By Laurie Crawford Stone

Grief and loss are cumulative. Year after year more beloved deer are killed by urban bow hunters. I moved to a wooded city property because I love watching wildlife. Over the years I have taken thousands of photos and have come to recognize many individual deer by their faces and sometimes an injured leg. Over the years, a particular doe, Sadie, has repeatedly adopted orphaned fawns. Two of the orphans would often stand together on the retaining wall waiting for food.

One of those orphans, Sweetie, now an adult, came to the wall in July 2009 with a metal ring caught on her foot. She had twins. She was skeletal. She came daily and she gained weight. She approached me. I sensed she wanted me to remove the ring. It weighed her foot down. She would turn her foot under for relief as she stood eating. I plotted with a friend how we might remove the ring. If we could cover her face, she would be less afraid.

One September morning after a torrential rain, Sweetie came into my yard with the metal ring gone! I could still see the indentation where the ring had been. She was still limping and holding her foot under. I fell to my knees in prayer and gratitude for this miracle. My joy was short- lived.

Sweetie was gone all winter. I assumed a hunter had killed her. She returned in July 2010 with another set of twins, her hock still indented from the ring. I was ecstatic to see her. The 2010 hunt started September 11th. September 24th I found a dead doe with an arrow in her face. I was horrified. I had to look, though, to see if she was Sadie or Sweetie. She was not. She was a nursing doe who had obviously suffered before dying from this non-vital shot.

I attended a hunter orientation class. Hunters are told to shoot the deer in the vital organs. This hunter’s shot caused immeasurable suffering. He did not find the doe’s body, despite the fact she climbed onto a brush pile in the adjacent yard to die. The neighbor was enraged. In Cedar Rapids, the hunter does not need adjacent property owner permission. Since fatally wounded deer can travel 250-300 yards, most wounded deer will enter adjacent property. Non-consenting adjacent property owners have no rights or recourse unless a hunter enters their property with a weapon.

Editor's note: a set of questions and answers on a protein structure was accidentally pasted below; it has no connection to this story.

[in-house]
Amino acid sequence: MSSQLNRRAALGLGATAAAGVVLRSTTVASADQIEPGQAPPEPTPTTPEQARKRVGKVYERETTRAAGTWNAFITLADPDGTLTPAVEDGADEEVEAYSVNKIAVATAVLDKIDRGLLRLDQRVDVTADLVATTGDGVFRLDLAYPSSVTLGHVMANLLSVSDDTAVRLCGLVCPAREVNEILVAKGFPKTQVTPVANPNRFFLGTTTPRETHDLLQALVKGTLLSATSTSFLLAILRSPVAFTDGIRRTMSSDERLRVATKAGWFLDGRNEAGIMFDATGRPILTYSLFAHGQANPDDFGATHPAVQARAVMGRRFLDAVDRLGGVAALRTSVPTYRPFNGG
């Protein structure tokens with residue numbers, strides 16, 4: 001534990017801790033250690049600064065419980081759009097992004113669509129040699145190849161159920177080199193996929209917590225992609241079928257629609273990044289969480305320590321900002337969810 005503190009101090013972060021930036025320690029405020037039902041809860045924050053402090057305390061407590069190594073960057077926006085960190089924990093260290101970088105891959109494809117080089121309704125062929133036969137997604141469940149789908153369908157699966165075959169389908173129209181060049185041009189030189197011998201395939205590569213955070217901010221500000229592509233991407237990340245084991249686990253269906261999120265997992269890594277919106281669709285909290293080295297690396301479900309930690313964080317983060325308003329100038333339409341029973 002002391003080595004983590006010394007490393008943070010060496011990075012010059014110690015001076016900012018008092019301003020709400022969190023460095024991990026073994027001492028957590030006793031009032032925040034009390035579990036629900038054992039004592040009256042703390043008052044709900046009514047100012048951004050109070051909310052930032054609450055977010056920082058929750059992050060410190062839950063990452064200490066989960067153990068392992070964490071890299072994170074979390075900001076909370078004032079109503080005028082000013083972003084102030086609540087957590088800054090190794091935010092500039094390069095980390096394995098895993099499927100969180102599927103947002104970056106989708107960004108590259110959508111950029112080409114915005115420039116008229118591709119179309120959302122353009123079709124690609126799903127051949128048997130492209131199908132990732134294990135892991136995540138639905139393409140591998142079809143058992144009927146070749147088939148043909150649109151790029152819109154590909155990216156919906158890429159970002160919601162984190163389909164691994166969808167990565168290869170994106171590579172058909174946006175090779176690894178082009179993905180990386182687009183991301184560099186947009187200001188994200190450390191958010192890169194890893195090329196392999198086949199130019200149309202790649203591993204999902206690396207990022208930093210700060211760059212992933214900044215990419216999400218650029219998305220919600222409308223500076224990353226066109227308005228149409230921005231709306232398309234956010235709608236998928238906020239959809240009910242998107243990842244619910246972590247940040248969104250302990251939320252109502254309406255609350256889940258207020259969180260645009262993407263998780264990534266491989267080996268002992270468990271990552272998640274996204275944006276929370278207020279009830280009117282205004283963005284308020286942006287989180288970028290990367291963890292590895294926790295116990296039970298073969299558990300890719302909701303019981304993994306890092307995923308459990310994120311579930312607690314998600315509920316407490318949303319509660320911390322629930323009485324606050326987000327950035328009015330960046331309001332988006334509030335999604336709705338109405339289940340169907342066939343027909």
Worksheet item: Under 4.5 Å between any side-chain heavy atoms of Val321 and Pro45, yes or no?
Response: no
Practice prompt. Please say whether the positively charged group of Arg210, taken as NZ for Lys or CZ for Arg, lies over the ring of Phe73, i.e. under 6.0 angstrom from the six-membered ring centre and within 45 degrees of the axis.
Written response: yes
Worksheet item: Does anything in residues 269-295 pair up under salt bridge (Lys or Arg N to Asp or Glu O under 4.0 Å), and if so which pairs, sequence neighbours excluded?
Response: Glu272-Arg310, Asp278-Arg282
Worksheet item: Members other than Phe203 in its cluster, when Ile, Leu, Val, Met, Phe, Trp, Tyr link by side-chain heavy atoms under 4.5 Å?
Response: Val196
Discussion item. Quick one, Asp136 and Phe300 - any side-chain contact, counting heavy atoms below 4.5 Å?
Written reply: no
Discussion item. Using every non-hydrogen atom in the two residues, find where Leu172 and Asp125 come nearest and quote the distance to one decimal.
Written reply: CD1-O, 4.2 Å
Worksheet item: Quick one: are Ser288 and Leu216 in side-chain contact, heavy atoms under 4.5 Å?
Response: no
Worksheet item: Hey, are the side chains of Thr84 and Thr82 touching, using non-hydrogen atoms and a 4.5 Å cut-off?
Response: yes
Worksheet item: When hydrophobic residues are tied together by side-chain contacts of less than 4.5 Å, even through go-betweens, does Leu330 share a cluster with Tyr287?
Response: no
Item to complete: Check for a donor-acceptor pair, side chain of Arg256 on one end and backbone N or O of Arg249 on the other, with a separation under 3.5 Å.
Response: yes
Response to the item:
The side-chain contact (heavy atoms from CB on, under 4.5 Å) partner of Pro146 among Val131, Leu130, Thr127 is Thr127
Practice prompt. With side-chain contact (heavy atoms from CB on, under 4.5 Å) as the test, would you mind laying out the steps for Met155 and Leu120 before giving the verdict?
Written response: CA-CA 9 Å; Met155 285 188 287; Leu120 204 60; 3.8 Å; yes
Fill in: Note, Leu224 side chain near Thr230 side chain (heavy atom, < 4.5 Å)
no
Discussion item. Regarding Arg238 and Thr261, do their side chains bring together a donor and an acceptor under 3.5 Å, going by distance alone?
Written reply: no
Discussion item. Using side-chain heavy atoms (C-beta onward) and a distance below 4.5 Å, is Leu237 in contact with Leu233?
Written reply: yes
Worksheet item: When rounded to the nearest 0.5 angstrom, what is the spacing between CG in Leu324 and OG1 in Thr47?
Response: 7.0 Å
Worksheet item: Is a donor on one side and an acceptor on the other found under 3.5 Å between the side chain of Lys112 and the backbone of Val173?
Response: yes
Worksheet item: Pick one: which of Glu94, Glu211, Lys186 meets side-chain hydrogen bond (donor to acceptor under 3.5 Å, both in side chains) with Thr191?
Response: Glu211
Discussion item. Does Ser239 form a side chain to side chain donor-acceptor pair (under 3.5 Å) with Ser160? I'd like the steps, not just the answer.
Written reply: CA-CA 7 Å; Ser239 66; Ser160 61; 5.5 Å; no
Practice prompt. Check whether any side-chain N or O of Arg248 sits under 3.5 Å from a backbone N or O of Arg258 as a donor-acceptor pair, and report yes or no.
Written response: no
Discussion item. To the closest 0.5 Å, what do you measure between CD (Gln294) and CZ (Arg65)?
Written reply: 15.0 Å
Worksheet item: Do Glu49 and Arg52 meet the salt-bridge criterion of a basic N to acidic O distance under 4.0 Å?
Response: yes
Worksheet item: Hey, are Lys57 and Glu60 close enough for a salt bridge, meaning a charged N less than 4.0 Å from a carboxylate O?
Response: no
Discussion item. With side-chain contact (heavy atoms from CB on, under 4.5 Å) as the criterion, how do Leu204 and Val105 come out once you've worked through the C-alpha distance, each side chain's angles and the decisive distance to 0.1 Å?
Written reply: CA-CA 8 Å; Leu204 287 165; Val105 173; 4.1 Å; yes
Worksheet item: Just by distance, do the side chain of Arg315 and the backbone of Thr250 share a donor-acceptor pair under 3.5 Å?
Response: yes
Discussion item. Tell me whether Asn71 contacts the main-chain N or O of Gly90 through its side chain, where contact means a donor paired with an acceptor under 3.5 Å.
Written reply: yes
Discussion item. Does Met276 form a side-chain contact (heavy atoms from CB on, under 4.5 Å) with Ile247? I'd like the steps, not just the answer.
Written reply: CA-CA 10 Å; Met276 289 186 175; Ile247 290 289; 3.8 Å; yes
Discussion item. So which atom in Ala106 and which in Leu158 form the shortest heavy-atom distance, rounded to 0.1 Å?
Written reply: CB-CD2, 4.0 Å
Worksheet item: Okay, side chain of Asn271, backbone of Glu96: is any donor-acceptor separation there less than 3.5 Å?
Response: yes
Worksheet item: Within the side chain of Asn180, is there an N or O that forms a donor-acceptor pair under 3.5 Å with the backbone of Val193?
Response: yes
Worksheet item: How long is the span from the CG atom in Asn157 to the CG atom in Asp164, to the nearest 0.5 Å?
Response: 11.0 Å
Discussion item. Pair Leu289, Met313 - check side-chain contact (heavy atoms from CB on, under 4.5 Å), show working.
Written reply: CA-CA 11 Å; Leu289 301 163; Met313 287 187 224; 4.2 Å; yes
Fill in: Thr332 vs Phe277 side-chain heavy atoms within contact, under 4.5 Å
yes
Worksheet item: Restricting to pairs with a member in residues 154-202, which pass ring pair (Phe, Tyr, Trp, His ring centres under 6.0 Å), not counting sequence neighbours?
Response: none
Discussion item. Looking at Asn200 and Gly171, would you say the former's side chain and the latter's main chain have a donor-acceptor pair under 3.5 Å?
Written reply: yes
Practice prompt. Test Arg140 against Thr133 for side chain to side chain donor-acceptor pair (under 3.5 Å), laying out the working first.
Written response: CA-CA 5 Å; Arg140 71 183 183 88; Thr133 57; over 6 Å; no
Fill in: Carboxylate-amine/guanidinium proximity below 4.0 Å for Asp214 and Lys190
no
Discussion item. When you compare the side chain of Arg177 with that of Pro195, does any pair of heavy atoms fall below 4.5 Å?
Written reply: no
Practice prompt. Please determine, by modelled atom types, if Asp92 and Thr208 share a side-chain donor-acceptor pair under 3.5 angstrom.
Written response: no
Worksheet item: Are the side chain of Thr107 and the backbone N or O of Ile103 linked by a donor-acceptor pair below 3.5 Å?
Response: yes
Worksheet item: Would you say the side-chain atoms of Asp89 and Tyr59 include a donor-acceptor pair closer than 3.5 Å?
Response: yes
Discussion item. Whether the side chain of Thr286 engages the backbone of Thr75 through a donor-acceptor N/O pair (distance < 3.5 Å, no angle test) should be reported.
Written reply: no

October 17th Sweetie showed up with an arrow wound in her side. I was devastated and immobilized with grief. I knew the inevitable outcome. Three days later I found another dead doe who had been shot through the face. This doe was found less than a block away from the first doe. The Hunt Manager came out to see her and asked if I could provide names of hunted properties. He said he’d try to identify the hunter. I have provided names and have had no response to emails. Wounded, un-retrieved deer are to be reported within 12 hours. None of these does were reported.

Sweetie returned October 24th at dusk with her fawns. She approached the wall and stood there until I came out. I think she was again asking for help. I will never know because she hasn’t been back. Her fawns have been coming alone. Perhaps Sweetie was telling me good-bye and showing her fawns where they can be safe when she is gone. Knowing that she will suffer from this wound as the infection from the embedded, unsterilized arrow slowly kills her is almost more than I can bear.

Bow hunting has ripple effects. Fawns are orphaned. Does cannot protect their young. Cumulative grief and loss, for survivors – deer and human – is devastating. Sadie is the only survivor from the original deer family. I pray daily that she will continue to live. I love her so.

Laurie Crawford Stone is an attorney who lives in IA. She is a wildlife watcher and protector, wildlife photographer and writer.


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Committee to Abolish Sport Hunting / C.A.S.H.
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